RedHat and Mandrake are more towards the desktop-loving users, and they are getting to be more and more like Windows. And if this is what you prefer, then I'd suggest picking Mandrake over RH due to the magnificent hardware recognition and simple installation.

However, the drawback of RH/Mandrake is that they are not fully compliant with LSB (Linux Standard Base) and you will have difficulty in compiling programs from source due to libraries not being at their proper locations, etc. etc... You will need to compile apps from source some time or another... and contrary to what RH folks say, RPMs are not the solution for world peace and eternal bliss
 
Old 07-29-2003, 07:36 PM   #4
Shiroi Kumo
LQ Newbie
 
Registered: Jul 2003
Distribution: Debian (?)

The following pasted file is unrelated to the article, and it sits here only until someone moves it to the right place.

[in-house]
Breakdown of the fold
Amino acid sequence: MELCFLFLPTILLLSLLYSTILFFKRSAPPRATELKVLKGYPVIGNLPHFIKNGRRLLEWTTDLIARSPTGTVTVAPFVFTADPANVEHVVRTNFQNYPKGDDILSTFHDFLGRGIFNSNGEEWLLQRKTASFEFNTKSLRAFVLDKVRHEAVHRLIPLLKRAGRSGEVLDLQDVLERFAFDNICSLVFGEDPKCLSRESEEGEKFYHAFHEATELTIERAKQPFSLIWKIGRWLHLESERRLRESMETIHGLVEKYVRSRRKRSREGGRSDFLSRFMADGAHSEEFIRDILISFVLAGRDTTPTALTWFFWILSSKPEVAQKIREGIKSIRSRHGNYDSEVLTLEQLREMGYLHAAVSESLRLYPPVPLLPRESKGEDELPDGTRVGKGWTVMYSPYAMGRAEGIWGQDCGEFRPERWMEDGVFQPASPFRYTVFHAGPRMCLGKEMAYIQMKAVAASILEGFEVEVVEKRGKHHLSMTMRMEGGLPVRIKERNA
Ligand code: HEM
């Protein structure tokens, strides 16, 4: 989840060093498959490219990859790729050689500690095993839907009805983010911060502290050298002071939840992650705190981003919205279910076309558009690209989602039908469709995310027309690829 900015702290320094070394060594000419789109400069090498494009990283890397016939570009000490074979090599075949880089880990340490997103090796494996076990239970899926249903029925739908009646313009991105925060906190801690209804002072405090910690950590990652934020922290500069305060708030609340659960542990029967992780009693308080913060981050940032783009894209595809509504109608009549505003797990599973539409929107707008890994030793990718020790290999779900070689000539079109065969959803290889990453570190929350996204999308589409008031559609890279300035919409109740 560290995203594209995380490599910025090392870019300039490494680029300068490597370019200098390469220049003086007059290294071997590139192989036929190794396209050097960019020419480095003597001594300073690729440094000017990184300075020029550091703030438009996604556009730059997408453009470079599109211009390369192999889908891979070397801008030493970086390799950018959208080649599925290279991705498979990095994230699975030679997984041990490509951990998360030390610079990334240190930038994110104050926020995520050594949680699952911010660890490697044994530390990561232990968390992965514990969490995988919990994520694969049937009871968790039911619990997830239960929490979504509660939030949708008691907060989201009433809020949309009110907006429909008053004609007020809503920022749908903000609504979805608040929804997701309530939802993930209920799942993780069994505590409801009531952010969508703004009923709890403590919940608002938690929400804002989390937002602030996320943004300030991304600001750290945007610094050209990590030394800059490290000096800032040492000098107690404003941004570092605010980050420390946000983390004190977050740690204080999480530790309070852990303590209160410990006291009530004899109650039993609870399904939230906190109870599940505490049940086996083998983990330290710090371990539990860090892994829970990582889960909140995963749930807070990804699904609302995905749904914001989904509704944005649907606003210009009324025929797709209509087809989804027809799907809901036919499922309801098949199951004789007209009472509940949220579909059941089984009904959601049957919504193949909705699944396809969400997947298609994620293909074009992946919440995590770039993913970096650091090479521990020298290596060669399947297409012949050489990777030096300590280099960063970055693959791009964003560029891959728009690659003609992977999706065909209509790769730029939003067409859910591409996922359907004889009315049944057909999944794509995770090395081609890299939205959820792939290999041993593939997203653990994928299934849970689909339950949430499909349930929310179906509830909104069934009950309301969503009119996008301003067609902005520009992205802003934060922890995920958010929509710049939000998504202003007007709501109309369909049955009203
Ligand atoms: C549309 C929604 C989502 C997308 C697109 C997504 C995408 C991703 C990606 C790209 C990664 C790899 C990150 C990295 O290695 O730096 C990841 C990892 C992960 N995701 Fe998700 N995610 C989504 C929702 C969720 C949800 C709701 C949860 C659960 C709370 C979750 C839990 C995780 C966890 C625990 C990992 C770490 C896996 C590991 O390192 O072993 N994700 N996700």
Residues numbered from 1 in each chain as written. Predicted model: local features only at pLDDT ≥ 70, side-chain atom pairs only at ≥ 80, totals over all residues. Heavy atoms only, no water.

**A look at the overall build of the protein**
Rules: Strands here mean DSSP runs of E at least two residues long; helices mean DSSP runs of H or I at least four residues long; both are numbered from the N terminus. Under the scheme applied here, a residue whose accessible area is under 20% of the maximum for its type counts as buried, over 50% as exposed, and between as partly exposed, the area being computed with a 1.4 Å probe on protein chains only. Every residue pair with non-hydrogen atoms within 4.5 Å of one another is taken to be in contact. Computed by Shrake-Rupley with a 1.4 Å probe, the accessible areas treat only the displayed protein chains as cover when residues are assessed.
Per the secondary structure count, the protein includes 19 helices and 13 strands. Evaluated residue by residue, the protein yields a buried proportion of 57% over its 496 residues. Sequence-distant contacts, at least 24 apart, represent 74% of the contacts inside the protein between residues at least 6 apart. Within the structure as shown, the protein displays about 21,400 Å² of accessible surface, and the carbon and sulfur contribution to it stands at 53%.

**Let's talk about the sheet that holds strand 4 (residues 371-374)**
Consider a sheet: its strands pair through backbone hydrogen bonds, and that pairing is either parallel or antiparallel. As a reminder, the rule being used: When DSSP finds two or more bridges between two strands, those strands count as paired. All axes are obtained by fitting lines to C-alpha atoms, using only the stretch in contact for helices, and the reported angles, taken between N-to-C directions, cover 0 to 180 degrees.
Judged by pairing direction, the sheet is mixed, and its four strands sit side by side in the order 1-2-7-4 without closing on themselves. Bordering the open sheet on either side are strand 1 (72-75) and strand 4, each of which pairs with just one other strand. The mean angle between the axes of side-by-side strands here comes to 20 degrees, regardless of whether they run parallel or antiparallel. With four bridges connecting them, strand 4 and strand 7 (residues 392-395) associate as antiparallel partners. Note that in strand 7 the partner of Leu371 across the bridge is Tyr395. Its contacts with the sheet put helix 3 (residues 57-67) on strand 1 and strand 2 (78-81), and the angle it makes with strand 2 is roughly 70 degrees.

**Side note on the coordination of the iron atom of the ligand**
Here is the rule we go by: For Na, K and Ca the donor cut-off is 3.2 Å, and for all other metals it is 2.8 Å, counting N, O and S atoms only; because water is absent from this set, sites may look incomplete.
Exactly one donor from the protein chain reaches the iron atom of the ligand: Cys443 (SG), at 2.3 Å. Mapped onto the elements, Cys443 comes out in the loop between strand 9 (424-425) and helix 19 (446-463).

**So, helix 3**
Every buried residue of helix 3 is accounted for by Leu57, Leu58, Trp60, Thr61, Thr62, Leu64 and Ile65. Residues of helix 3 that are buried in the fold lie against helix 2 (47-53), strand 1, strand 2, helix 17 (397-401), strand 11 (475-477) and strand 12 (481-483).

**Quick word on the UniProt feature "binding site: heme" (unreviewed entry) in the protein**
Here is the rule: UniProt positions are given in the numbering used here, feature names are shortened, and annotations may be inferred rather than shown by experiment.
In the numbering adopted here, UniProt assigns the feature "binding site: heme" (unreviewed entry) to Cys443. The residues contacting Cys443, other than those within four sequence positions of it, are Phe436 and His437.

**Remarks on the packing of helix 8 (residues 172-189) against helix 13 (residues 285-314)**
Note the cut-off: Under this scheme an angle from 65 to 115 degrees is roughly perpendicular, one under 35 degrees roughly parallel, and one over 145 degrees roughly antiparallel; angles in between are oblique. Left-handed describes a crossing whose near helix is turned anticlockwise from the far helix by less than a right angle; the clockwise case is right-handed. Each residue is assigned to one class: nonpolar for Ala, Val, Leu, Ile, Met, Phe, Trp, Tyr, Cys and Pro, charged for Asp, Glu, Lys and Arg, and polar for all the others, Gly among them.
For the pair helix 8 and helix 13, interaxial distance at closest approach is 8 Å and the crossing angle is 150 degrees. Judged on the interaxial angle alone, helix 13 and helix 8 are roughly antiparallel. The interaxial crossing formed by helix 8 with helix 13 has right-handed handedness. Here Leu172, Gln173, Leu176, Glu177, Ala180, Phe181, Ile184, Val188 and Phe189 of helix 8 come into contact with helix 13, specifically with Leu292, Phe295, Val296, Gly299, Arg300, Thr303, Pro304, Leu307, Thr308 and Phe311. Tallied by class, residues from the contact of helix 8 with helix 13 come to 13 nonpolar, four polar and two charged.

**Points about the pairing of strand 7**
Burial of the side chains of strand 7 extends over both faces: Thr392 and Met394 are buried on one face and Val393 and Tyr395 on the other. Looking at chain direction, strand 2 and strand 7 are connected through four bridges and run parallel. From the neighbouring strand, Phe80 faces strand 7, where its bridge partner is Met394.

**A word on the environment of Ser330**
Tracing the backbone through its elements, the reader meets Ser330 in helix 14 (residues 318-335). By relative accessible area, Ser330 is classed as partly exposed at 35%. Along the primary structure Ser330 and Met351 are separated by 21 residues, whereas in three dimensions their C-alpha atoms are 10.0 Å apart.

Posts: 2

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Thanks guys.

Tinkster, I actually tried that, and it gave me too much to read >_< And was hoping some people would poke in and try pointing me in the right direction. I know you probably hear this question a million times (lord knows I've run enough boards to see a hundred newbies a day totally ignore the freaking FAQ page) and I'm really sorry if you guys have a policy against it which I missed, but I was just hoping for a quick start on this stuff (which is more than likely an oxymoron when dealing with *nix).

Azmeen, my bad. I was just going on what I was told *shoots friend for misleading him*. Learning is my main motivation, and I'm not the hugest fan of GUI's though they can simplify everyday computing, I'm much more at home with a command line. My RH friend did just that, told me that RPM's simplified Linux greatly to an almost Windows-like skill level (i.e. no skill needed), and when I suggested that I wass looking for something a little less windows like, he suggested Gentoo.

Maybe I'll just stick to Debian, then...hopefully I can kick it around long enough to figure out what I'm doing and maybe acttually learn something.

Thanks again, guys
 
Old 07-30-2003, 06:20 AM   #5
mhearn
LQ Guru
 
Registered: Nov 2002